Today we celebrate Dar wearing goggles!

Like a lot of kids with autism, and a lot of kids period, Dar generally refuses to have anything to do with headwear. Any day in the sun involves copious application, and re-application, of sunscreen, because he treats a hat alighting on his head the way you would treat a banana peel doing the same thing.

As part of his learning to swim, we have occasionally been ambitious enough to attempt to place goggles on his face. Mostly to see how quickly he would yank them off.

The beach and the Russian River have been fun places for Dar this summer. But not because of taking major plunges. When we’re outside, he tends to keep his upper body dry. Looking at his hair, you’d never guess that his toes would look so wrinkly. And even in the pool, he never makes major moves to get that head wet. He’s just not into it.

He loves time in the bathtub, but he hates it when wifey and I start to wash his head…I mean, hates, hates, hates it, like screams bloody murder the entire time. He’s got his brother hating baths too. Actually, the only time he insists on really looking at his brother is when we’re bathing him. So let’s say we’ve finished bathing Dar and Dar is dressed and we’d love him to be three rooms away. Instead he comes back into the bathroom and watches us bathe R as though he’s watching a slow-motion train wreck. Dar somehow stares and screams at the same time with equal virtuosity. And so his brother screams as well. We know there are parents of children aged 5 and 3 who bathe them without major issues. We do not happen to be such parents.

But anyway, the goggles. I believe I’ve mentioned that Dar’s swimming classes at the YMCA have been going well. His instructor, Jimmy (pictured), is what we call a real character. He has the sort of hipster rasp that makes you think he’s going to say “dude, bro” at any time. He doesn’t say that – did someone give him a note? – but he otherwise can’t stop talking, and he insists on a “for sure,” “for sure,” after just about every sentence. But I love Jimmy. For one thing, he’s excused me from having to be in the pool with Dar, which I personally love. For another, he’s bent over backwards to accommodate Dar’s presence in the Y’s main kiddie pool. At first we’d signed Dar to a class for other toddler-beginners, but as the person who runs the swim classes, he pulled Dar out of that and began instructing Dar 1-on-1. Jimmy also instructs the autistic child of another friend of mine, and it’s true that Jimmy has made the occasional mistake of generalizing one form of instruction for an autistic kid onto another one, but who cares.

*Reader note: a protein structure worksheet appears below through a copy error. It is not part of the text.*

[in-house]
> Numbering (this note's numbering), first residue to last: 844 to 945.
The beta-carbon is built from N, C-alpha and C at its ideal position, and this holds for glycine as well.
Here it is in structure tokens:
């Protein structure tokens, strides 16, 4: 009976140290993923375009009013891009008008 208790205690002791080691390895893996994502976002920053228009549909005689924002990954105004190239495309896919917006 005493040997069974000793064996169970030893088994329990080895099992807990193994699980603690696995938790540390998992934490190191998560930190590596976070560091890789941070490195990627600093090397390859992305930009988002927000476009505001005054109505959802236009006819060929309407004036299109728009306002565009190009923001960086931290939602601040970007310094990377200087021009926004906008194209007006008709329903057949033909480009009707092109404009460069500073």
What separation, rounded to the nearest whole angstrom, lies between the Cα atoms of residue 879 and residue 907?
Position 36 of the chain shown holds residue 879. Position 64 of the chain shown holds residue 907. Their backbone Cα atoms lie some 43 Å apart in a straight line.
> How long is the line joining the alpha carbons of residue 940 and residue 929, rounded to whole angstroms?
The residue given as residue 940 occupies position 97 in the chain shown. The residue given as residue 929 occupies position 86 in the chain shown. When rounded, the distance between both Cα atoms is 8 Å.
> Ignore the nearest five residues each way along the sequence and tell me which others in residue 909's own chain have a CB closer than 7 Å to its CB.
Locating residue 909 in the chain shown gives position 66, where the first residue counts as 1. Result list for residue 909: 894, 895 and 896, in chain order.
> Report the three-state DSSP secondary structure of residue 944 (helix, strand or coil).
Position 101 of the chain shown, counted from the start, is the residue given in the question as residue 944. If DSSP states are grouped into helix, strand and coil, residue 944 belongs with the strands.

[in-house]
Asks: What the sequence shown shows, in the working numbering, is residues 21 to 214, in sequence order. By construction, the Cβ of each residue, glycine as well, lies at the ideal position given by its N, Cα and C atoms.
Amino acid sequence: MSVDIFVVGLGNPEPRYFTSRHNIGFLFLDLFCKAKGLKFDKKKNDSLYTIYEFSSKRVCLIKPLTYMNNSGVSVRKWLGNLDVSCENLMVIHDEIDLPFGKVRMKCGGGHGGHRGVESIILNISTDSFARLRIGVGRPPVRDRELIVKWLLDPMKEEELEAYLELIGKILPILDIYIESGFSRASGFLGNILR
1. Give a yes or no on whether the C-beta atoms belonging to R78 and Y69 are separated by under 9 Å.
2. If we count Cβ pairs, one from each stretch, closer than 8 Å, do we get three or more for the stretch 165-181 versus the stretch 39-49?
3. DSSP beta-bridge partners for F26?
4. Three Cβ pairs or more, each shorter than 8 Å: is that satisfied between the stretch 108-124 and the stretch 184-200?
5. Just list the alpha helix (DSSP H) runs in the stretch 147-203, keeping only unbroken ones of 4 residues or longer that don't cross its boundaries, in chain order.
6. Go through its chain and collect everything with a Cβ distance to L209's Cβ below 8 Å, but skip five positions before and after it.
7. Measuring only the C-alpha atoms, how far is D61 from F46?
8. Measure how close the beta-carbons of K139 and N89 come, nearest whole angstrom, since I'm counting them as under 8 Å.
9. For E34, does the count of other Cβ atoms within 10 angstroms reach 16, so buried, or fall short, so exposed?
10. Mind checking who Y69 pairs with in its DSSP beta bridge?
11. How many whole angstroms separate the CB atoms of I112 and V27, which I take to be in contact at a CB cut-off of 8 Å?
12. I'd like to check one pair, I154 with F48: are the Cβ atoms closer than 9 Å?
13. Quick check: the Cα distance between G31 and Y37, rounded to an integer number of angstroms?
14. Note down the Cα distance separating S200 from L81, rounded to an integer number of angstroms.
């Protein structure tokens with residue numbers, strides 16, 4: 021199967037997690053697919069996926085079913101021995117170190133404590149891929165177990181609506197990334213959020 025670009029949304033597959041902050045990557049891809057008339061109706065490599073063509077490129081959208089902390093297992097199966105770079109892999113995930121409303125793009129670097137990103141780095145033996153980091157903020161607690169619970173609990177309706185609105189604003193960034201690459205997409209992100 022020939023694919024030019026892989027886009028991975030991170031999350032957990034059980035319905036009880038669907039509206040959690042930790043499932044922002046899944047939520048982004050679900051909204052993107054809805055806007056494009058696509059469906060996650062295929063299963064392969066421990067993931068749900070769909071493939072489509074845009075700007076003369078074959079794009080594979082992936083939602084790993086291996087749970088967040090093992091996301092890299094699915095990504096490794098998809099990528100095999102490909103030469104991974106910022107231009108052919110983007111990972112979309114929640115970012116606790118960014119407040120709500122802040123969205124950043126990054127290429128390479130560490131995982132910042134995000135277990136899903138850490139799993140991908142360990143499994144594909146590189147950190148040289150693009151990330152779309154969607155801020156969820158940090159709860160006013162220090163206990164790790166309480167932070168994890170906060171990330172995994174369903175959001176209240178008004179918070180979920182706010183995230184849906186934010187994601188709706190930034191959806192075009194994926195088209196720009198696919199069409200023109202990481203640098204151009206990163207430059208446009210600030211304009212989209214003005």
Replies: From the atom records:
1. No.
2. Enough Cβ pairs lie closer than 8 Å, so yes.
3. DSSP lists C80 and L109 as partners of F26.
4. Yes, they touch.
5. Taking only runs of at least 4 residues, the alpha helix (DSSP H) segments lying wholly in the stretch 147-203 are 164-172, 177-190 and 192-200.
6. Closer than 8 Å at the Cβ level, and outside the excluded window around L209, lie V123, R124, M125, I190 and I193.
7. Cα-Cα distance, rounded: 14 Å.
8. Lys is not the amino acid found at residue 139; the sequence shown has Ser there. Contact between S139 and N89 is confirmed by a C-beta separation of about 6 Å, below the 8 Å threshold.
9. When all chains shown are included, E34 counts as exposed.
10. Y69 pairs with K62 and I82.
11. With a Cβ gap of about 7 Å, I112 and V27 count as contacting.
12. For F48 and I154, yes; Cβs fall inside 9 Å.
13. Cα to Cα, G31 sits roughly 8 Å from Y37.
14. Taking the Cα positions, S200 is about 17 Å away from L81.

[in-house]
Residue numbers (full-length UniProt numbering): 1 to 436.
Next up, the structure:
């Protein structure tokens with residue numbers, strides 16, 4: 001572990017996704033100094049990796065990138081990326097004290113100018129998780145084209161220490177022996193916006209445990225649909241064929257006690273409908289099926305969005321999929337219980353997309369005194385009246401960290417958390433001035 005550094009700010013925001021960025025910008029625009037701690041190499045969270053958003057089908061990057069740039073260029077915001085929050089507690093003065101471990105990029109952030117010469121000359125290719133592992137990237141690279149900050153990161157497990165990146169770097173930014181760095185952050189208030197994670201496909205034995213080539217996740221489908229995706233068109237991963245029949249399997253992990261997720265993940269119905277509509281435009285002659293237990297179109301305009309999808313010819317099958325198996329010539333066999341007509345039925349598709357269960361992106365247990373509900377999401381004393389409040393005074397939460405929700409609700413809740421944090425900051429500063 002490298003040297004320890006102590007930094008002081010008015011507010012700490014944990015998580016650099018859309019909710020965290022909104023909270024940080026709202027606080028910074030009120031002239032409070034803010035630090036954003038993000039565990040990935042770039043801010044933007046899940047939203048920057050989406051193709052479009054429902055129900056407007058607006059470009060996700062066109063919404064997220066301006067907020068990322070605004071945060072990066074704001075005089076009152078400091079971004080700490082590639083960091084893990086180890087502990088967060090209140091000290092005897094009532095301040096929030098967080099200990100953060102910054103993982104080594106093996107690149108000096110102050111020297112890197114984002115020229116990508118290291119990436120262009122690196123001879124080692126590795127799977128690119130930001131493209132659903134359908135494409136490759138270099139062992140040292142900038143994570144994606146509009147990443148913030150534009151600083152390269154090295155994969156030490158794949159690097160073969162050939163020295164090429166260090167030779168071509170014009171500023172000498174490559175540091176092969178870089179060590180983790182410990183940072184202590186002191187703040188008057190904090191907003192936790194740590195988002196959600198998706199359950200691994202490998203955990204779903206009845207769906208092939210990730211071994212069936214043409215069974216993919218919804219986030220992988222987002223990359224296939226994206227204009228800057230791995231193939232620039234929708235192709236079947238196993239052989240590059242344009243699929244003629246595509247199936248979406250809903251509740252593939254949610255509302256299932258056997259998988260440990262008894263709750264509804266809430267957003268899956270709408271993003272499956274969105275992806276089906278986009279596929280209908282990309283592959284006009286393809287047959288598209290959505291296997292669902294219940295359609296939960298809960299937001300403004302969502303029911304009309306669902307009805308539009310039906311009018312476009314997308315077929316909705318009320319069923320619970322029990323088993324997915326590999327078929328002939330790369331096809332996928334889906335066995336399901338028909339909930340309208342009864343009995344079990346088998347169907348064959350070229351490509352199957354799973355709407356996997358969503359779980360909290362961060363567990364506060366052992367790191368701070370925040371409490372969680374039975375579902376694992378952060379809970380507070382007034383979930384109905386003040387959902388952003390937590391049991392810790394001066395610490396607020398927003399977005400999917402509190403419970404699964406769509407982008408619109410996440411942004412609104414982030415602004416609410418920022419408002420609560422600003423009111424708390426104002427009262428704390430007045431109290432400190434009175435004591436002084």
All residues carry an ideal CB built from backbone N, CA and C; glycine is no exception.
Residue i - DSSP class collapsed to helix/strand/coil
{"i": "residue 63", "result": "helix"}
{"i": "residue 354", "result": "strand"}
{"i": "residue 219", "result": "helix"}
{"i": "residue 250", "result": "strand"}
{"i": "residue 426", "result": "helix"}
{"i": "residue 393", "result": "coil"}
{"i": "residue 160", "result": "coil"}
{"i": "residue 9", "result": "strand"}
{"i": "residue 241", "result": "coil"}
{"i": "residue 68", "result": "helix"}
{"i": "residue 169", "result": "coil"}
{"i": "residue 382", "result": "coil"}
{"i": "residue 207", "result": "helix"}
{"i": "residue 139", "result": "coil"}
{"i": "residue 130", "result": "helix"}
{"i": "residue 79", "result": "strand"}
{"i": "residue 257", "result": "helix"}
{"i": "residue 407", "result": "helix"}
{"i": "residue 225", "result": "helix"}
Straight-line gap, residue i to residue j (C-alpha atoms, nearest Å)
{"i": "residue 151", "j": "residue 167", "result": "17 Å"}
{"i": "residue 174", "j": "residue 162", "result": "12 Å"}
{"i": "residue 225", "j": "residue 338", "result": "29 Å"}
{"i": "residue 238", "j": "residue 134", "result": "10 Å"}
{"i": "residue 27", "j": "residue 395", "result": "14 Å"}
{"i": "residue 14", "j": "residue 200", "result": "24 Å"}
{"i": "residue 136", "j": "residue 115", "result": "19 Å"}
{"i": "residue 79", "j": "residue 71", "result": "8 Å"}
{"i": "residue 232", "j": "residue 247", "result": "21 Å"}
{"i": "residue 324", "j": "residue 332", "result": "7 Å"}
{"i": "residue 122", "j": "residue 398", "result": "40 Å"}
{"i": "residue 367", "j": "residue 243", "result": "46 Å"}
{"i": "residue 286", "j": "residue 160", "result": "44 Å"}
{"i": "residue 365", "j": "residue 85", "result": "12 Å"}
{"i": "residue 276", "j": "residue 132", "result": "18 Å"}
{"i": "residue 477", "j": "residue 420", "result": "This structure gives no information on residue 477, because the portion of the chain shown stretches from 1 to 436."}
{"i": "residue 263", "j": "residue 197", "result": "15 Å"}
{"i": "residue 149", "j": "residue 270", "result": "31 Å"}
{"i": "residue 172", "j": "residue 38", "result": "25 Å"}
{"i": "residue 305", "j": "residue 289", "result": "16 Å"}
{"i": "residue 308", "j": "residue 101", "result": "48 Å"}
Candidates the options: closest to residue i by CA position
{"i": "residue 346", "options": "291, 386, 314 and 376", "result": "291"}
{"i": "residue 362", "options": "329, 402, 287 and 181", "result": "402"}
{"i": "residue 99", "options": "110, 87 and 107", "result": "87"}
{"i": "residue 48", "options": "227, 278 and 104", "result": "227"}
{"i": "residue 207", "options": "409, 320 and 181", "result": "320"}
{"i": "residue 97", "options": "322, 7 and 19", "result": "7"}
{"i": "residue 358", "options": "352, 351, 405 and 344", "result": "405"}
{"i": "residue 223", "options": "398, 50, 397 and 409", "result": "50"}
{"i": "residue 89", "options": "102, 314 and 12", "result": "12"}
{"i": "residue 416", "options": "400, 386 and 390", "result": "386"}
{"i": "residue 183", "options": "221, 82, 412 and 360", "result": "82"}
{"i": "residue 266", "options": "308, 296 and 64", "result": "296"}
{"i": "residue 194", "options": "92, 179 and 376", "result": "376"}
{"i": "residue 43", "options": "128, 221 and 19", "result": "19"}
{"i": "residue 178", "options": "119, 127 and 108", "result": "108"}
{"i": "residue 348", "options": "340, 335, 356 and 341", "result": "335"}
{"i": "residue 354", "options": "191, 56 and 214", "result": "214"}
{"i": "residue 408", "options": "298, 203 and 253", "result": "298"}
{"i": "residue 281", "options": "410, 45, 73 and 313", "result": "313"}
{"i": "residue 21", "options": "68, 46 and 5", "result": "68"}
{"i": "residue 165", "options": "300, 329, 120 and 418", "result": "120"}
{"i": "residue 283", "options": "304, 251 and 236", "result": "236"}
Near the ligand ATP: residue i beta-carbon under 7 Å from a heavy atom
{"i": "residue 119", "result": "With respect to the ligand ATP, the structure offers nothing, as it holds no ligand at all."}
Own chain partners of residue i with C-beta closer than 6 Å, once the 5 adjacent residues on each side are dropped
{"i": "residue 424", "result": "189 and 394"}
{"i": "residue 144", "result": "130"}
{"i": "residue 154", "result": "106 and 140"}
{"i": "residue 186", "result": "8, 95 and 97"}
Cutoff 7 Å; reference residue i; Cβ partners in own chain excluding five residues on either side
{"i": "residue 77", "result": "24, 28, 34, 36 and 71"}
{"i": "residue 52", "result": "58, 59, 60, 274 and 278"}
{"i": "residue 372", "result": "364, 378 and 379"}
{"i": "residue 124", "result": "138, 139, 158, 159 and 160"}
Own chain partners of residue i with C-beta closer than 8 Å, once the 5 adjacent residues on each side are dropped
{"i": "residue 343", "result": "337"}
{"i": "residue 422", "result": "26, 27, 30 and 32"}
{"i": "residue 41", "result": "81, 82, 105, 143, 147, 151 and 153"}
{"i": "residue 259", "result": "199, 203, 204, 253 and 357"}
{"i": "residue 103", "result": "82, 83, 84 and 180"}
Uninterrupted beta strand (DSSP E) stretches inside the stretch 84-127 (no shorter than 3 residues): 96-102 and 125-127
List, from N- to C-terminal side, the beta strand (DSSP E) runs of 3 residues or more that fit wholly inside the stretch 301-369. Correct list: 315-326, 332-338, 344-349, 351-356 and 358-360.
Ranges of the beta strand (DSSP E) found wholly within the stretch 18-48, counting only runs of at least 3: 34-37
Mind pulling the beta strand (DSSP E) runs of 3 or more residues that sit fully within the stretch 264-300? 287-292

One day, Jimmy asked me how I thought Dar would do with goggles. I said I doubted anything would go well, but we had some at home. I said I’d be happy to bring them to the next session, which I did. So Jimmy made his goggles and Dar’s goggles (two separate pairs) into a game. Now, every single day we try to make aversive things – say, the potty – into a game. How often does it work? Not often. But Jimmy either waved a magic wand, or perhaps Dar is just more receptive in the pool. Jimmy had already gotten him accustomed to more and more underwater time; perhaps he realized that it’s fun to open your be-goggled eyes underwater.





Truly one of my highlights of August 2015 – right alongside taking Dar’s brother to Disneyland with his East Coast cousins (we left Dar out of it because we feared Dar would have too many freakouts, based on his behavior at the Santa Cruz boardwalk earlier this summer) – was seeing Dar bobbing in the water with goggles on, and not even slightly trying to take them off. WOW! YAYYYYYYYYY!

Of course, this is all part of a larger goal of him being independent enough to be trusted around water. We’re still haunted by the stories of Avonte Oquendo and other autistic kids. Dar is going to have enough other problems in life; it would be nice to check “accidental drowning” off the list.




I have this thing that I need to get over – I don’t like it when I see Dar looking like a stereotype of a intellectually disabled child. Sometimes this is seeing him with the buttons on his collared shirt in the wrong place, or too high; sometimes this is seeing his underbite; sometimes this is seeing his big sheepish grin when wearing a pair of goggles. Instead of worrying about caricatures, I should be happy he’s happy. Who cares who’s looking, who’s talking. We’re doing, we’re doing, and we’re doing the best we can.